Eisenstein | Chicago Reader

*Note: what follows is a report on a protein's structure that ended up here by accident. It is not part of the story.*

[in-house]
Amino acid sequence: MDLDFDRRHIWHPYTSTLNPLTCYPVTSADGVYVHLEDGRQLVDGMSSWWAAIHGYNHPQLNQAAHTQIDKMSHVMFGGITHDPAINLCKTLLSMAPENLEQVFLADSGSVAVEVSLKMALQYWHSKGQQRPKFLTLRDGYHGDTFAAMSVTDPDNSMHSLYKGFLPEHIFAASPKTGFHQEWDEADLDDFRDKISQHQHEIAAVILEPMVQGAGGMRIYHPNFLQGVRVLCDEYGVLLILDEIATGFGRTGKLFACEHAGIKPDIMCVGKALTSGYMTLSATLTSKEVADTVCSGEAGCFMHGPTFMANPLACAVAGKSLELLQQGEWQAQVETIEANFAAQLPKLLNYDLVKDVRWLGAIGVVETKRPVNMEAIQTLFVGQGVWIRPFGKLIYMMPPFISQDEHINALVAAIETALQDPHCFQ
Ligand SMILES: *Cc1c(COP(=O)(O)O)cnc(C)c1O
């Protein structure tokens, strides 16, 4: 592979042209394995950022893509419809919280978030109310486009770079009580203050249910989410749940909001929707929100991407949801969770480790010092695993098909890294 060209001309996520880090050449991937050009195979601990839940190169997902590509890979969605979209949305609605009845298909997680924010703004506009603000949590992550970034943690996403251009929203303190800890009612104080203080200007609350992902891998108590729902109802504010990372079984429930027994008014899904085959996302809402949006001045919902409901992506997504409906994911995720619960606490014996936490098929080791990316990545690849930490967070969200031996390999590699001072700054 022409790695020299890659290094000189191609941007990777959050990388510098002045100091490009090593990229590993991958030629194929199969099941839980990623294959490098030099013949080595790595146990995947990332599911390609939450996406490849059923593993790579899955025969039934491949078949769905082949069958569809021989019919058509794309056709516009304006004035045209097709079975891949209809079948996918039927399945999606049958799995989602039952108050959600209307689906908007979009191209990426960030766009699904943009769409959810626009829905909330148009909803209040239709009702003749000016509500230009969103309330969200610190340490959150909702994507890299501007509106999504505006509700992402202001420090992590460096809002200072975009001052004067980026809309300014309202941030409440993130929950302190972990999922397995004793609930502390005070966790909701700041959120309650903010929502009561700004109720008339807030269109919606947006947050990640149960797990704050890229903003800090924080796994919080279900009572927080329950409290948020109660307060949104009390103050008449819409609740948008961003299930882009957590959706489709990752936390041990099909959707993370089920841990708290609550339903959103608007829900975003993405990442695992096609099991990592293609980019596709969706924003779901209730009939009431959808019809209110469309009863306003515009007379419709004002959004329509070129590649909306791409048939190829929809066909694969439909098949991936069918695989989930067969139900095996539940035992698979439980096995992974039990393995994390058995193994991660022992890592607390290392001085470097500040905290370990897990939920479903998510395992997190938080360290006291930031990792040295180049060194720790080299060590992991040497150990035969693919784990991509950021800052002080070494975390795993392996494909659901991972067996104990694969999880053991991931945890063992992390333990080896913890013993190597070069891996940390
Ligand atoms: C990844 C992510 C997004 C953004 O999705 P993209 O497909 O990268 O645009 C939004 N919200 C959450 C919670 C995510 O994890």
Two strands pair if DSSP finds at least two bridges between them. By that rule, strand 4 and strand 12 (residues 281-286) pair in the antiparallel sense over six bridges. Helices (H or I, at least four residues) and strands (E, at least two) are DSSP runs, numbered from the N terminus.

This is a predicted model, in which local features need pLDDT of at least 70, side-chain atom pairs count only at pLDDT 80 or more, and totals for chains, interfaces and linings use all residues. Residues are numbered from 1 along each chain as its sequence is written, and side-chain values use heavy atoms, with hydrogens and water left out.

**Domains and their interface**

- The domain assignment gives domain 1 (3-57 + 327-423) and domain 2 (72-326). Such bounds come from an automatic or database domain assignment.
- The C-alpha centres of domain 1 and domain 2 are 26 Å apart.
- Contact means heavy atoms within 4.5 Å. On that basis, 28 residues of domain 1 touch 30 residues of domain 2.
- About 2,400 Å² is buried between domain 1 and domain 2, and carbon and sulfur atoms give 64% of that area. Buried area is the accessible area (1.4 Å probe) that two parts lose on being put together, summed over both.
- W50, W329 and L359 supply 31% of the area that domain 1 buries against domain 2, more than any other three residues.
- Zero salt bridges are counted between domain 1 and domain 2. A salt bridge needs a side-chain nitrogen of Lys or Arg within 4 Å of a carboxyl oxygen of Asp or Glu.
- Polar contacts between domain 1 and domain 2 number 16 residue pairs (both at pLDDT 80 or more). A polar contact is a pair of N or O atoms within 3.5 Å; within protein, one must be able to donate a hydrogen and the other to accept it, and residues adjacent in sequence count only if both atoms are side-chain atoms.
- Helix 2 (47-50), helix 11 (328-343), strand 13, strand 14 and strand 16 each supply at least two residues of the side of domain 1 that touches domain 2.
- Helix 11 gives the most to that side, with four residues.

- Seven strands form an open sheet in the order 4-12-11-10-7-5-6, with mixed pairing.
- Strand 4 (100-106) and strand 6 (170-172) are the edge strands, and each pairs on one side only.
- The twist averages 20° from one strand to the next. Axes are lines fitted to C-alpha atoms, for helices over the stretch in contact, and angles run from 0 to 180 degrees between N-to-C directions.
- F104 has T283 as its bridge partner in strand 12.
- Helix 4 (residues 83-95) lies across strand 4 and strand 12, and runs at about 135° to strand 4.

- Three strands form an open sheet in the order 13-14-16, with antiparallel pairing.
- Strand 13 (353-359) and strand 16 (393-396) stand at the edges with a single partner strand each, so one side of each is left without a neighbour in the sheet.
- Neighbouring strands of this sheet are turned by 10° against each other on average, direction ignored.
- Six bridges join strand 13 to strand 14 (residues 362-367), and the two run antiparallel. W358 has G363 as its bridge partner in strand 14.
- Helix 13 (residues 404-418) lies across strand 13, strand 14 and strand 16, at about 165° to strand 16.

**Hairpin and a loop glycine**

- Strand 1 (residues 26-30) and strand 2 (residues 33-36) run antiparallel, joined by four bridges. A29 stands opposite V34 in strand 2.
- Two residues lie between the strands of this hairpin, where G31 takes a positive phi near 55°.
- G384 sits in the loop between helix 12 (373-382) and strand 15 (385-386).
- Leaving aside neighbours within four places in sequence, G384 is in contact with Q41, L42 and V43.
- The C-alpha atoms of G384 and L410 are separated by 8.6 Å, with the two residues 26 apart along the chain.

Director Renny Bartlett acknowledges that this 2000 biography of Soviet filmmaker Sergei Eisenstein is fictionalized, but with a plot line that follows the arc of his career, illustrated with excerpts from his films, it invites comparison. Instead of the profoundly original artist and thinker whose films and theoretical writings have inspired generations, Bartlett's Eisenstein is an intermittently silly man dispensing empty-headed aphorisms (“The whole point of my films [is] to tell people not to be afraid”). Simon McBurney brings an inner intensity to the role, and Jonathan Hyde is commanding as the pioneering theater director Meyerhold, though we learn even less about his theories. But Eisenstein's boyish high jinks with a male lover are portrayed with a leaden British reserve; the only element of the story that's even partially effective is the increasingly murderous repression that takes hold in the Soviet Union after Eisenstein returns from the U.S. and Mexico in 1933. 96 min.


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